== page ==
Speaking of sections that tend to be prominently featured on homepages, here’s one that you won’t find on any other store:
“The one thing that I recently did that I have never done before was take 3 of my first-in-series free. I got a Bookbub, which I never got before, I decided to make 2 others series starters free along with it during this difficult time. I have seen my sales increase significantly as a result (not just as a result of the Bookbub, even before that promotion went through). I have very strong read through and with having the first book free, I am seeing a number of my books in the catalog appear on Google Play charts and stay there. That’s another thing that I really like about Google Play: the books have a lot more stickability on the charts than on other platforms.”
Another bonus of using free books as “loss leaders” for a series? Free downloads actually count towards the Google Play charts and algorithms — granting them a lot more visibility than on Amazon.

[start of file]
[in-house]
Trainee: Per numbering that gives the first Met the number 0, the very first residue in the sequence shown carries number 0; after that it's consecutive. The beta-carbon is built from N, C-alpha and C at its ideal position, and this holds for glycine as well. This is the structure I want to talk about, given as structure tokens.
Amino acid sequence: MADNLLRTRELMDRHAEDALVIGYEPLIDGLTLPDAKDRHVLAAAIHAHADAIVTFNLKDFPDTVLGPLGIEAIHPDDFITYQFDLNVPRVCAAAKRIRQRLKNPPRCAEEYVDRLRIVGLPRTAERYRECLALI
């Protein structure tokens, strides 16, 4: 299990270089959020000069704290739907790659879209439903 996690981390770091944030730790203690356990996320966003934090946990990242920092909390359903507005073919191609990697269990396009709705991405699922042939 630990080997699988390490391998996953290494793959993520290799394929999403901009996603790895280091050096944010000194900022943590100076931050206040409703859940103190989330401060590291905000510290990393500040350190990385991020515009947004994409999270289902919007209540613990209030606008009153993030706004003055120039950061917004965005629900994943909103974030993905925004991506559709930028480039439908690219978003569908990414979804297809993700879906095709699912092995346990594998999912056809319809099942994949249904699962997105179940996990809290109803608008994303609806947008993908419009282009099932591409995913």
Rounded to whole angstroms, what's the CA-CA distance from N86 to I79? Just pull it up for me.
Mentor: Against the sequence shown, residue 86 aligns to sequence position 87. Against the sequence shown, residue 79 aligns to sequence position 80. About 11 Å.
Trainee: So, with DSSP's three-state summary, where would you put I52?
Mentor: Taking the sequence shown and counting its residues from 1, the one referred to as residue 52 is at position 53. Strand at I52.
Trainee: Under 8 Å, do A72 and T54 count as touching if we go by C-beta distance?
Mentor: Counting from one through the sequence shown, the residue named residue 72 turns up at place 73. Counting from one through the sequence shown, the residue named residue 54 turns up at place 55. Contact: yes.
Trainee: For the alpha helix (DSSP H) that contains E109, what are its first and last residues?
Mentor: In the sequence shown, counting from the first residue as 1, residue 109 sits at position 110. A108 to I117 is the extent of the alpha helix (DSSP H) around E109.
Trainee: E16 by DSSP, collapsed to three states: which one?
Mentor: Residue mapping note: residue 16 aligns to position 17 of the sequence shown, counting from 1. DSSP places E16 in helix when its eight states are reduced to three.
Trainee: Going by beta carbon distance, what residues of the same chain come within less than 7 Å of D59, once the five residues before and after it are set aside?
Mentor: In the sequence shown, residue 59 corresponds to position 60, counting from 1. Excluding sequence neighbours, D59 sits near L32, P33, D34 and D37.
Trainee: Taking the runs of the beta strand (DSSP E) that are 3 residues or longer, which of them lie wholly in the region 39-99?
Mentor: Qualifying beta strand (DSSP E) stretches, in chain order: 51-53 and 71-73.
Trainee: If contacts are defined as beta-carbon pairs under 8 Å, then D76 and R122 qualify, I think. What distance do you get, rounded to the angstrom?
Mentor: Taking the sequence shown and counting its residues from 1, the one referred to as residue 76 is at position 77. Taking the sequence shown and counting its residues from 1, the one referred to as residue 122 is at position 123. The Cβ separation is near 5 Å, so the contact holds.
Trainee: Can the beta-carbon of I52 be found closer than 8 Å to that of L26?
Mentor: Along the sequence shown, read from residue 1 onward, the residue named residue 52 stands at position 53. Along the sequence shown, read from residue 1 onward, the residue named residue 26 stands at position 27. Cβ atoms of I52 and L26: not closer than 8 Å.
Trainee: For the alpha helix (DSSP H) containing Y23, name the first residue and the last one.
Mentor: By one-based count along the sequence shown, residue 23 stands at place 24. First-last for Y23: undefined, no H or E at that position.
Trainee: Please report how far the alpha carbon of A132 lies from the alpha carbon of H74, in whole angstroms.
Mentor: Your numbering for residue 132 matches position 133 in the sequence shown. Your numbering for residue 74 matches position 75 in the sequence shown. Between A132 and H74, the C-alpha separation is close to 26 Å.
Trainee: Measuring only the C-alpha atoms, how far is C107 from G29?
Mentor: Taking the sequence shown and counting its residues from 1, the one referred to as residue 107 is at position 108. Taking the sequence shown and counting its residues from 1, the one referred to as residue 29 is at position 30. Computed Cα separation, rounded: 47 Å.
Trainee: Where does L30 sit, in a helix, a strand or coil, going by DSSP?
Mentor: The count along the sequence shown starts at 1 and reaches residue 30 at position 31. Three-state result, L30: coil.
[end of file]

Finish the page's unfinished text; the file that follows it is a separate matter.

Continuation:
5. Sign up for the Google Play affiliate program
Want to make an additional 7% commission on ebook and audiobooks sold on Google Play? Just sign up for the Google Play Books affiliate program. It’s free to join and currently available for active partners. If your Google Play Books partner account is eligible, you'll find a link to the affiliate sign-up form on the homepage of your Partner Center.
This is not only a way to make a few extra bucks, it’s also great for advertising! If you run Facebook ads targeting Google Play readers (yep, that’s possible), you can use affiliate links to your books and know exactly how many sales your ads are generating.
If you follow all the steps in this post and take advantage of these Google Play-specific marketing tips, you should be well on your way to turning your Google Play sales into a solid income stream. The redesign of Google Play Books shows that Google is finally placing some real importance on book sales, which means that it might be ready to grow enough to be a real challenger to Amazon. Getting in early (right now!) might be a smart move for your writing career!